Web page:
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“I hope that these two and a half years will be remembered for a comprehensive plan that placed an emphasis on public transport, cycling, walking and an enjoyable urban environment,” says Anni Sinnemäki (Greens). How does it feel holding an office you have been elected to largely for political reasons? “Good and exciting,” replies Anni Sinnemäki (Greens), who is scheduled to begin her tenure as the Deputy Mayor of Helsinki responsible for real estate and city planning in January.

“The selection procedure must be revised for a number of reasons, but I doubt that people would have elected someone they consider unqualified and unsuitable under these circumstances.”

Whether or not Sinnemäki was deemed qualified for the position was ultimately determined by the largest party on the Helsinki City Council, the National Coalition. Although the party decided to support Sinnemäki, it did not even attempt to justify its decision with her qualifications for the position.

“The Green League is the second largest group on the council. It's their responsibility to evaluate the qualifications of the candidate,” insisted Lasse Männistö, the chairperson of the National Coalition's council group.

Sinnemäki on 26 November won 49 of a total of 83 votes to replace Hannu Penttilä (SDP) as the Deputy Mayor responsible for real estate and city planning. Her appointment was historic as the office has been traditionally held by a male representative of the Social Democratic Party.

The candidates are as if from different worlds in several respects: Penttilä is a city official with experience specifically in land use planning, whereas Sinnemäki is a former cabinet member and party leader.

The debate that preceded the vote was unusually one-sided, with most of the councillors who took the floor expressing their concerns over the qualifications of Sinnemäki. “I hope that Penttilä's supporters aren't locked into their impression of me but keep an open mind. That's what I'll do. I'll communicate with the SDP, for example, despite the fact that they had their own candidate,” she assures.

She also estimates that the position of Deputy Mayor is more similar to that of a cabinet member than that of an expert running a department. “It's the main duty of a Deputy Mayor to ensure that the will of the council is realised,” she explains.

While the appointment of Sinnemäki stirred up a political storm, she is likely to face strong headwinds also in the future.

The City of Helsinki is currently working on major development projects in Jätkäsaari, Kalasatama and Pasila. Sinnemäki recognises that if the projects do not advance according to plan the finger will be pointed at her. “That's normal for a political office. You are responsible for projects and solving problems whenever they arise.”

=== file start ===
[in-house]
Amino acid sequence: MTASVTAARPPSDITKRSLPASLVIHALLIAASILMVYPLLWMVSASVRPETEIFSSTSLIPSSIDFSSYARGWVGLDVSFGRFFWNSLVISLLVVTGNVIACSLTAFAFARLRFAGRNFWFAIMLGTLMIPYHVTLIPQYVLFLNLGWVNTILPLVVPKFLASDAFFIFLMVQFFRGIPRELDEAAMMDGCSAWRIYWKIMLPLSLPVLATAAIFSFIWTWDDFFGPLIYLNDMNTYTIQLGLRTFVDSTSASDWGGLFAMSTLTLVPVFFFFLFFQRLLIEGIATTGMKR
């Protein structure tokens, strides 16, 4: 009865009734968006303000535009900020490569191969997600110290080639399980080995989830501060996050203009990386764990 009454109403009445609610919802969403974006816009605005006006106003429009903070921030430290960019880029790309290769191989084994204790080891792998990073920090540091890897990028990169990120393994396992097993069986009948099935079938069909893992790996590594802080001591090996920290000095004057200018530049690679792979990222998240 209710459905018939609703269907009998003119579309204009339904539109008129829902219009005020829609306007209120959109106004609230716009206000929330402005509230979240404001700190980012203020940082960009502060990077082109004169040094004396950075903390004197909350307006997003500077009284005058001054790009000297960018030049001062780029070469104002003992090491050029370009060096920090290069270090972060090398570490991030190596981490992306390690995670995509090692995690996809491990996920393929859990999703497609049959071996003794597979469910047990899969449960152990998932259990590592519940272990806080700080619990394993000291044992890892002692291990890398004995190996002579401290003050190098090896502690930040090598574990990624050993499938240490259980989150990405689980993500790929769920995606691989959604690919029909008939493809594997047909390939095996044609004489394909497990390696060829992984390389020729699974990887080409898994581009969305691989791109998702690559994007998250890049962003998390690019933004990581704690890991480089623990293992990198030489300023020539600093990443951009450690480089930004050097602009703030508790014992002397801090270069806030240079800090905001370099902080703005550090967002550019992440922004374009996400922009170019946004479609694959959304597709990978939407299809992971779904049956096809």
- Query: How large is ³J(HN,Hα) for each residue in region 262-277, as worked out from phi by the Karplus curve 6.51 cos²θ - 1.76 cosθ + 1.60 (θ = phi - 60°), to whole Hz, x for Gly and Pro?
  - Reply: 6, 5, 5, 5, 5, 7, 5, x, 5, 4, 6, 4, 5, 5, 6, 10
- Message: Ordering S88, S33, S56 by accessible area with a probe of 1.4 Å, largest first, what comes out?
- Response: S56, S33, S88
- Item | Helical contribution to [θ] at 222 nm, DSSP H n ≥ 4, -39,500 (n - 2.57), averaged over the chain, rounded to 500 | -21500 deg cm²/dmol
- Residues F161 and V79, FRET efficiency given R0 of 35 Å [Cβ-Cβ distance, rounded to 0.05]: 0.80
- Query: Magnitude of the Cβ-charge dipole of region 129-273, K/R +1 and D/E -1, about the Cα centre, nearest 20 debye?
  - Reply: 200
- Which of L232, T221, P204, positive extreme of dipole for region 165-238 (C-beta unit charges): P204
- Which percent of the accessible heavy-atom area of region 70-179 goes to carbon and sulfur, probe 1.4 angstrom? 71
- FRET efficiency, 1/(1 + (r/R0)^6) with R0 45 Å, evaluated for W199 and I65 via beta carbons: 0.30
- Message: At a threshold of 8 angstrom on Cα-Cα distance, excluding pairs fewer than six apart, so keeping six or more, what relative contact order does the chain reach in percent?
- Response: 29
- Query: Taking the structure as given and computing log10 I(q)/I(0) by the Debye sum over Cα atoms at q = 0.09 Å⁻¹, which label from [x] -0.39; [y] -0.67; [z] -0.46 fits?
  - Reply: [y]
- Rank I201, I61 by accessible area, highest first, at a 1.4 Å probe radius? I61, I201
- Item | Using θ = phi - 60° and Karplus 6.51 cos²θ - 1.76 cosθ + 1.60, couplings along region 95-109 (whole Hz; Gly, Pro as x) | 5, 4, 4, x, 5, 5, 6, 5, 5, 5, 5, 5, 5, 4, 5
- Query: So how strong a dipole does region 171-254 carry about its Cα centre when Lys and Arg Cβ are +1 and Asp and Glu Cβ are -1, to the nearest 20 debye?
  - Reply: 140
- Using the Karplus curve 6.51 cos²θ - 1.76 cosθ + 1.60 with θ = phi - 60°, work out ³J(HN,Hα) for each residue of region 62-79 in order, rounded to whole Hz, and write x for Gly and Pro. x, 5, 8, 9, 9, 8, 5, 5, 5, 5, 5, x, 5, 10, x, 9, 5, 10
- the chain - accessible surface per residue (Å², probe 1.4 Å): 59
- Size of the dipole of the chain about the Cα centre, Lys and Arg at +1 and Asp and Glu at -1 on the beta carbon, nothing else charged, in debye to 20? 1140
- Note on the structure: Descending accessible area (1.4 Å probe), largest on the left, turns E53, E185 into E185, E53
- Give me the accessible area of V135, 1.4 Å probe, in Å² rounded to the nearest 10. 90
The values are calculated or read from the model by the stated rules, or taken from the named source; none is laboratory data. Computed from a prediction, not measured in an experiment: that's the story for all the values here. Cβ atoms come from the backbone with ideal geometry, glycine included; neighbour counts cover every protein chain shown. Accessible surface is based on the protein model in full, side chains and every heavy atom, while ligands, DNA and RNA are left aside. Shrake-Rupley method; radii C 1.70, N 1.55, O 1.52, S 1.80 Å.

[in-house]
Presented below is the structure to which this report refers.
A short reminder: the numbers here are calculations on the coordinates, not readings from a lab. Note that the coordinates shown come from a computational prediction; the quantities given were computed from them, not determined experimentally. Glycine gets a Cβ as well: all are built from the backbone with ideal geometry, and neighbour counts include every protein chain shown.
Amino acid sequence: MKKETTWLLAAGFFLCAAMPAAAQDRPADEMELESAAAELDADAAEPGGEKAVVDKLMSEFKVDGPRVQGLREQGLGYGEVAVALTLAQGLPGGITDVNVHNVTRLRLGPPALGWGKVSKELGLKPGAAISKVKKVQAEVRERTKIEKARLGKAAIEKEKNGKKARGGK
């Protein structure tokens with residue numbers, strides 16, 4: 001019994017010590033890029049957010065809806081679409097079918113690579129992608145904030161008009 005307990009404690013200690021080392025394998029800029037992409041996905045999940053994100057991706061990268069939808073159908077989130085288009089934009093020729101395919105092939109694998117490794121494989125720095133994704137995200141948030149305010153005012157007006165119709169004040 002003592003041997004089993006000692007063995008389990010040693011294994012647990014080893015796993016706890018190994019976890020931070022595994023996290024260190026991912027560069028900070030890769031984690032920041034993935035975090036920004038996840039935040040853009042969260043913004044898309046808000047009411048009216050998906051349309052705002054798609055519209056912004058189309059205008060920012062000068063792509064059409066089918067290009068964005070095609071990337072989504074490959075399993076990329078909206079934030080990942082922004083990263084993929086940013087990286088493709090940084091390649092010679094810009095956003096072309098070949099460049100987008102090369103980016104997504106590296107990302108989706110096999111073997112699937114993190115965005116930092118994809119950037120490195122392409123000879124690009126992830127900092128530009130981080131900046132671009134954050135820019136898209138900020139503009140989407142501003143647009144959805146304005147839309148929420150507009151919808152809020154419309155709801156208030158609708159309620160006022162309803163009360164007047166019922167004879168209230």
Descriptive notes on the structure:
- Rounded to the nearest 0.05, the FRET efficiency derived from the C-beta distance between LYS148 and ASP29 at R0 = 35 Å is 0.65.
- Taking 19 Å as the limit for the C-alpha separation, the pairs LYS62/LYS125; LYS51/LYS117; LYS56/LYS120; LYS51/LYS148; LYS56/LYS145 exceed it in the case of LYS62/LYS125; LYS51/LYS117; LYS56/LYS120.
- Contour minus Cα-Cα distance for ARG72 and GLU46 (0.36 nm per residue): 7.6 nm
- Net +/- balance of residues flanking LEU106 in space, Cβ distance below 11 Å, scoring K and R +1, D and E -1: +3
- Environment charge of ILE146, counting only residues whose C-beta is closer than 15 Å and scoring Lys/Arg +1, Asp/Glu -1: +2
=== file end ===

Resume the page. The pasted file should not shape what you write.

Helsinki has also approved a vision for land use extending all the way to 2050, the purpose of which is to move toward a more densely populated city.

Density is a key objective also for Sinnemäki. “I want the city to grow inside Ring Road 1 in a dense and urban fashion that increases the share of public transport, cycling and walking of all journeys.”

As means to achieve that, Sinnemäki is willing to promote complementary construction and the conversion of inbound traffic lanes into boulevards. She is also willing to squeeze more residential units into industrial areas.

“Setting up mines in Helsinki is out of the question, but there's room for pretty much anything else,” she views. “However, it's worth keeping an open mind and considering whether the current industrial sites make the most sense or whether their density could be increased even to some extent.”

The Deputy Mayor-elect is also willing to build Helsinki upwards as long as it makes sense in the big picture. “Six-storey blocks can be very dense. I have nothing against skyscrapers, but building a skyscraper surrounded by unused land isn't particularly good for density.”

Sinnemäki, who will remain in office until 2017, hopes that the distribution of mayoral positions will in the future be decided by an openly political election. “It would be fair and appropriate. The political negotiations regarding that are still ongoing, though.”

If the reform is introduced, will you be the mayoral candidate for the Green League?

Sinnemäki considers the question in silence before bursting into laughter. “I have no answer. I intend to take care of these duties. I'm not thinking any further ahead at this point,” she says.

Joonas Laitinen – HS
Aleksi Teivainen – HT
© HELSINGIN SANOMAT
Photo: Rio Gandara / HS

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